The Red Mattress, Part One


There are places in autumn Michigan where trees interlock over lonely country roads in impenetrable ceilings of rust. The great white cargo van moved deliberately through one such feuille morte tunnel, like a shark prowling through red tide, creeping over winter-cracked asphalt.

The two men in the front of the van were known collectively by the media as the Red Mattress Killer. They were monsters in human skin; torturers and killers of women.

The driver was called Bud by some, though his real name was Donald James Jaffe. He was the slower one of the pair, with one drooping eye and facial hair like a clogged drain in a communal shower. His low IQ was not offset by physical strength. In prison he was the punk, the bitch, the target. That was around other men. Around women –  or more to the point, lone, terrified women held captive in his windowless cargo van – he was strong, brutal, and entirely without mercy.

His general witlessness and savagery were the qualities that made him a valued partner in crime to the second half of the Red Mattress Killer team: Dean Alan Cake. Cake was the brains of the partnership. Physically he was even smaller than Jaffe, with murine nose and overbite that, along with the wisps of whiskers around this protruding upper lip, made him look unpleasantly like a rat.

Cake and Jaffe had met just over a year earlier at Ironwood State Prison in California. Jaffe was in for attempted rape, Cake for breaking a whiskey bottle over his girlfriend’s head during a domestic dispute. They didn’t share a cell, but their bonding in the prison common areas was natural and effortless. Jaffe’s hatred for all things female was a deep geyser ready to spurt at the slightest provocation. Cake’s hate was more recent, but all the more dangerous for the control he held over his urges. While Jaffe was all wet emotion, when Cake cut and raped a girl he was icy cold.

Hunting women and desecrating them in a large van was Cake’s idea. In truth, he stole the notion from an earlier pair of degenerates who had done the same thing in California in the late seventies. His innovation was using the mattresses. The pair found them on curbs and in back alleys. Already stained and filthy and sometimes infested with bedbugs, the mattresses only grew viler after Jaffe and Cake hauled them into the van and used them as butcher blocks to carve up females.

After a number of victims, usually five but sometimes more, when the smell became overpowering, the pair would pull into a nighttime suburb, each time in a different state, shove the sopping mattress out the rear doors onto a politely manicured lawn, and speed away.

As soon as they found their next mattress and hauled it into their rolling slaughterhouse, the hunt began anew.

It was pure theater. They never killed unless a mattress was loaded in the van. Having an attention-catching signature was key. There was no sense in killing all these women and not getting any credit for it.

It only took the discovery of two discarded mattresses by horrified suburbanites before the media’s bloodlust was fully aroused, before they anointed the pair as The Red Mattress Killer under the assumption that a lone serial killer was at work. Within a few short days The Red Mattress Killer was all over every traditional and social media platform, and a sick cult following was forming.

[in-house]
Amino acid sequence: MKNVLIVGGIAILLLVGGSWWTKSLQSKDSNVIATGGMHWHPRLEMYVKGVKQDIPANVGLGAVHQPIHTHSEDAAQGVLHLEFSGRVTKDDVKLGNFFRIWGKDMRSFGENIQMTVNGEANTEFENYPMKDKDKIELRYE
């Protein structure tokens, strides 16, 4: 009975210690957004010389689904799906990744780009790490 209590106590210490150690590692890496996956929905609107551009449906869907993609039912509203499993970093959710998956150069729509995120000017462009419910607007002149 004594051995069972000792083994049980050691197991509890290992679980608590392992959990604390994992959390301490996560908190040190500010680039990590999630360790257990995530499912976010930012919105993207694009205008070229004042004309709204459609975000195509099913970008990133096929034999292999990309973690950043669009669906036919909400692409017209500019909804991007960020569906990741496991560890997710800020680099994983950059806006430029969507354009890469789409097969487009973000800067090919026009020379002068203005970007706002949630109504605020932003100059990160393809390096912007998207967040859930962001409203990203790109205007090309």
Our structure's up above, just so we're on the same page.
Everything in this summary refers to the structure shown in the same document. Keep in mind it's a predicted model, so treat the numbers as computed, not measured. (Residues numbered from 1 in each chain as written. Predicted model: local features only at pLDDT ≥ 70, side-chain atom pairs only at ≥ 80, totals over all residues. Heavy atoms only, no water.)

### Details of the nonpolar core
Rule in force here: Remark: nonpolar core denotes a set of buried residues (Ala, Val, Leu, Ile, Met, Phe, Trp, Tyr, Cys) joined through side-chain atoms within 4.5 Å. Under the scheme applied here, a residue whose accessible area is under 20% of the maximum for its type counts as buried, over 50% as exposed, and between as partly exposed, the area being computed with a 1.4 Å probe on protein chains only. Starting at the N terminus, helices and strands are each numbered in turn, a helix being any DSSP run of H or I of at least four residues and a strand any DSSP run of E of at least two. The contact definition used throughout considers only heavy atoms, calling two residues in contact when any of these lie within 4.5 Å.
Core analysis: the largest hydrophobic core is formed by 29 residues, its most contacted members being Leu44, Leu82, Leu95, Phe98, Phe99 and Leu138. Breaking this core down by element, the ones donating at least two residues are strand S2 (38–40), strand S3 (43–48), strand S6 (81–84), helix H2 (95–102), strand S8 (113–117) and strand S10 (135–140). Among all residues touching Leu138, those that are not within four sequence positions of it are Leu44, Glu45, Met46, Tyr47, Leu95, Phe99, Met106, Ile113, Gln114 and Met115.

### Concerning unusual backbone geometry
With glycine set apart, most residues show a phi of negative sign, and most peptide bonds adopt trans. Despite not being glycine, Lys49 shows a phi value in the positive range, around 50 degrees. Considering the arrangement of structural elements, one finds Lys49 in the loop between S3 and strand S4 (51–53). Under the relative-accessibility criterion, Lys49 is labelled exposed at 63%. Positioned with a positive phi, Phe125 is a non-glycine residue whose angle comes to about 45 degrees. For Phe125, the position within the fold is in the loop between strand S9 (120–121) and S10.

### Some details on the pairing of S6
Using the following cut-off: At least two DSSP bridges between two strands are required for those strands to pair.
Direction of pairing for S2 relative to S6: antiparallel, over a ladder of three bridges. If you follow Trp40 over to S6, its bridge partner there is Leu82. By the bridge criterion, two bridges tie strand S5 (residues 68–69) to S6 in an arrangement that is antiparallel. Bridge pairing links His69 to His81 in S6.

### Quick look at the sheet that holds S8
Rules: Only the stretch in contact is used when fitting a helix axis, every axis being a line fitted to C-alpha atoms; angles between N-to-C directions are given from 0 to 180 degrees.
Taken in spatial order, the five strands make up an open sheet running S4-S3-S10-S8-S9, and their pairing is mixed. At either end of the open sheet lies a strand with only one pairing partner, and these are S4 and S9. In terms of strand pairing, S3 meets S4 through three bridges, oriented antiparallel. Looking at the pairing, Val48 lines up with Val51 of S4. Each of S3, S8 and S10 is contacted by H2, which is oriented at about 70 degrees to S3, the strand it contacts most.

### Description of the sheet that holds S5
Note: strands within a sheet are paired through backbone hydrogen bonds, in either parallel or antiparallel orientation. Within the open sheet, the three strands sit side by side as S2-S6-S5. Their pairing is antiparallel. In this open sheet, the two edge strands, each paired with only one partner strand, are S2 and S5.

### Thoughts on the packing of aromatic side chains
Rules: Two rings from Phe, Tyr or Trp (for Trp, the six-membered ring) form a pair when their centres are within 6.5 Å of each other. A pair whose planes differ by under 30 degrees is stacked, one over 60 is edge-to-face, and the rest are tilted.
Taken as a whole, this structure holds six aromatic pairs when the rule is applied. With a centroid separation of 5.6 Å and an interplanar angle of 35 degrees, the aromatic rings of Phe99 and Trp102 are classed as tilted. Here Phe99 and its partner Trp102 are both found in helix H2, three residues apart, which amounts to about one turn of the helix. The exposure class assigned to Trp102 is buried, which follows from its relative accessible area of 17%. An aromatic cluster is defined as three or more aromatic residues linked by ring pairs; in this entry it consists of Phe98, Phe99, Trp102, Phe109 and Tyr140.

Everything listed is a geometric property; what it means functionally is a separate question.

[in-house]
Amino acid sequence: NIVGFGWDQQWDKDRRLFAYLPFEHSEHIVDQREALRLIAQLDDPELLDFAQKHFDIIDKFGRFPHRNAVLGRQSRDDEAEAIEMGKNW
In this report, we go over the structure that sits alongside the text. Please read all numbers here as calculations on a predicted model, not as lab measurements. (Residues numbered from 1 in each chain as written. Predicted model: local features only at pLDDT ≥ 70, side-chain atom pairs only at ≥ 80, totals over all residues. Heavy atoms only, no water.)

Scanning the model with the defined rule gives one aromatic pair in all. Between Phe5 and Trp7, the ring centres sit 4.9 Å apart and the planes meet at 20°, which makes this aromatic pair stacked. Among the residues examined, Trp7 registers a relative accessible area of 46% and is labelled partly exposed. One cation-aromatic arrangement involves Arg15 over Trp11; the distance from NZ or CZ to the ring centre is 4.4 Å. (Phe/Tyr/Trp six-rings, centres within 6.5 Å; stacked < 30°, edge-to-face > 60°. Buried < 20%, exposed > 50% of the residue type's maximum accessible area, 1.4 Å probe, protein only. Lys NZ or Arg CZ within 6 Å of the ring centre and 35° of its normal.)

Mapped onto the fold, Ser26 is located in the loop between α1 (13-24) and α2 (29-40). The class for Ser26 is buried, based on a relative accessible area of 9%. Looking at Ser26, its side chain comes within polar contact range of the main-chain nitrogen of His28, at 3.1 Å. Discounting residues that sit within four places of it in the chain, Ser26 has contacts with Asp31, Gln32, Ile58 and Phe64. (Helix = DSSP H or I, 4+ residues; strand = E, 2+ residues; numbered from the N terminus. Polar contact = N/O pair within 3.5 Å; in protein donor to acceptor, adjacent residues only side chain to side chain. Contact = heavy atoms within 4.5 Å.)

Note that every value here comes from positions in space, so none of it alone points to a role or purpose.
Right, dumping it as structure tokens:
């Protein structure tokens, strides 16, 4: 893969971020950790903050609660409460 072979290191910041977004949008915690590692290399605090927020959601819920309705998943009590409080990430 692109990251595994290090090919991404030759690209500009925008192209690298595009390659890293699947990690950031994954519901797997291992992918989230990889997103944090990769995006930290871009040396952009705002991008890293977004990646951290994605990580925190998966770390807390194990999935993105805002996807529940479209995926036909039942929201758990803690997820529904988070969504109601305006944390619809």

The Red Mattress Killer was exactly what the public needed. It was no longer sufficient to merely invade a woman’s home and carve her up in her bedroom, or snatch a pre-teen off the street and leave her in pieces on the side of the road. All that had been done and done again, and only specialists and dedicated fans paid attention.

But the mattresses were something new. Grisly enough to capture the public’s imagination and get them engaged again. They were a great bloody meat hook upon which to hang endless, lurid coverage.

When discovered, each new mattress inspired a level of horror that was hard to come by in modern times. They were often still plump with uncoagulated blood and stank of urine, vomit, and a rancid brew of decaying pheromones. It was obvious to all observers that some nightmarish butchery had occurred atop of them; but what, and inflicted on whom? Prostitutes? Most likely. Or perhaps someone worthwhile. White girls. No bodies had been found yet, only the mattress canvasses.

Exactly how badly were these victims raped, for they were surely raped, the public wanted to know, and for how long? What kind of torture did they endure? Exactly what kind? Were they mutilated? What was cut off, and in what order?

The mattresses posed a fascinating riddle. The media and the public could not wait for the answer to be posted online and analyzed by true crime writers and misogynistic hipsters.

Jaffe and Cake were aware of all this excitement, of course. Jaffe lapped it up like a cat with a fresh bowl of cream, collecting newspaper clippings in a scrapbook that he kept under the driver seat. For Cake, the mattress scheme ultimately had only one purpose: betrayal.

Before dumping a mattress, Cake would douse it with quarts of whatever chemical chaff he and Jaffe could find or steal: cleaning supplies, bleach, even drain cleaner. The idea was to break down the blood and semen, damage the DNA, and confuse the crime lab tests. That’s what Cake told Jaffe anyway, and Jaffe was dim enough to believe that this ritual was enough to cover their tracks.

Cake knew that all this silliness would barely slow down any modern crime lab. That’s why he never used the mattress himself.